Kenya launches nationwide manhunt for three “dangerous” inmates

"They are dangerous criminals and we have to get them."


Kenya has launched a nationwide manhunt after three inmates considered as “dangerous”, escaped from a high security prison.  Interior Minister Fred Matiangi said preliminary investigations were still under way, but that seven wardens at the Kamiti Maximum Security Prison had been arrested in connection with the jail break that took place on the outskirts of the country’s capital, Nairobi.

Kamiti Maximum Security Prison

No explanation has been offered into how Mohamed Ali Abikar, Joseph Juma Odhiambo and Musharaf Abdalla Akhulunga managed to escape the heavily-guarded facility on Monday. Authorities have vowed to punish those responsible for the jail break.

Mohamed Ali Abikar – Escapee


All three escapees have been charged with terrorism-related offences and one, Abikar, was serving 41 years for involvement in an attack that left 148 people dead.

Matiangi said exit points along the country’s border had been placed on high alert with fears that the trio could try to slip out of Kenya undetected. He further blamed “recklessness” and “irresponsibility” for the prison break, adding that there were conflicting accounts about what occurred.

“We are going to conduct a massive manhunt for these three. They are dangerous criminals and we have to get them. And we are going to get them,” Matiangi said late Monday.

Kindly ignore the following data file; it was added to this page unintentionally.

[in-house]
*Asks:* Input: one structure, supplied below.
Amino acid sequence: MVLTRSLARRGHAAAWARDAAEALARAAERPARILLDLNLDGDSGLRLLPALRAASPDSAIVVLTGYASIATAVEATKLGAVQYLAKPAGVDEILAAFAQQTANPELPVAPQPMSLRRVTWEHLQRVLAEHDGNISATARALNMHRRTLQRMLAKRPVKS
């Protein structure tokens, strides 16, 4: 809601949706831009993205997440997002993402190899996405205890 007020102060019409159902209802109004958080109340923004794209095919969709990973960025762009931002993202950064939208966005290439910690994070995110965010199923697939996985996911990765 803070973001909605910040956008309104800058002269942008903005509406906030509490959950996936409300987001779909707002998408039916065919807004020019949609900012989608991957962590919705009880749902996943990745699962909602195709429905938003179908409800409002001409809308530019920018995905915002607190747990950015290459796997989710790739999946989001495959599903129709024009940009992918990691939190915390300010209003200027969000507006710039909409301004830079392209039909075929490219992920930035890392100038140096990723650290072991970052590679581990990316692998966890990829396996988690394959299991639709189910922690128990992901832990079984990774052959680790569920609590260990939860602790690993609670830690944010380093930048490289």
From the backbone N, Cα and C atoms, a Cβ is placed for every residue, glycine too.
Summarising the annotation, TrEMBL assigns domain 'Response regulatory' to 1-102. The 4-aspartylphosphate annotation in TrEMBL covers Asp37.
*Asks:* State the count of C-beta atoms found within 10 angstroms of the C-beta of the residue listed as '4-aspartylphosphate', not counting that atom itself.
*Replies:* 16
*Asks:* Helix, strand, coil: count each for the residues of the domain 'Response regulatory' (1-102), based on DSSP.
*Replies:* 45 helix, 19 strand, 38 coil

“We have gone to the place where the escape allegedly happened, and we have formed certain opinions.” he added.

Matiangi says that the government would protect any whistleblowers willing to come forward and volunteer information. The Directorate of Criminal Investigations has also offered a reward of Ksh. 60 million to anyone with information that can lead to the capture of the escapees.

One of the inmates, who escaped, Abikar, was found guilty in 2019 of being a member of Al-Shabaab and abetting the Somali jihadist group in the slaughter of 148 people at Garissa University in eastern Kenya in April 2015. The victims, mostly students, were rounded up at dawn by gunmen and shot mercilessly. This was the second bloodiest terror attack in Kenya’s history, surpassed only by Al-Qaeda’s bombing of the US embassy in Nairobi in 1998 that killed 213 people.

Police authorities say Odhiambo on the other hand, was arrested in 2019 for trying to enlist in Al-Shabaab while Akhulunga was detained in 2012 over a foiled attack on Kenya’s parliament.

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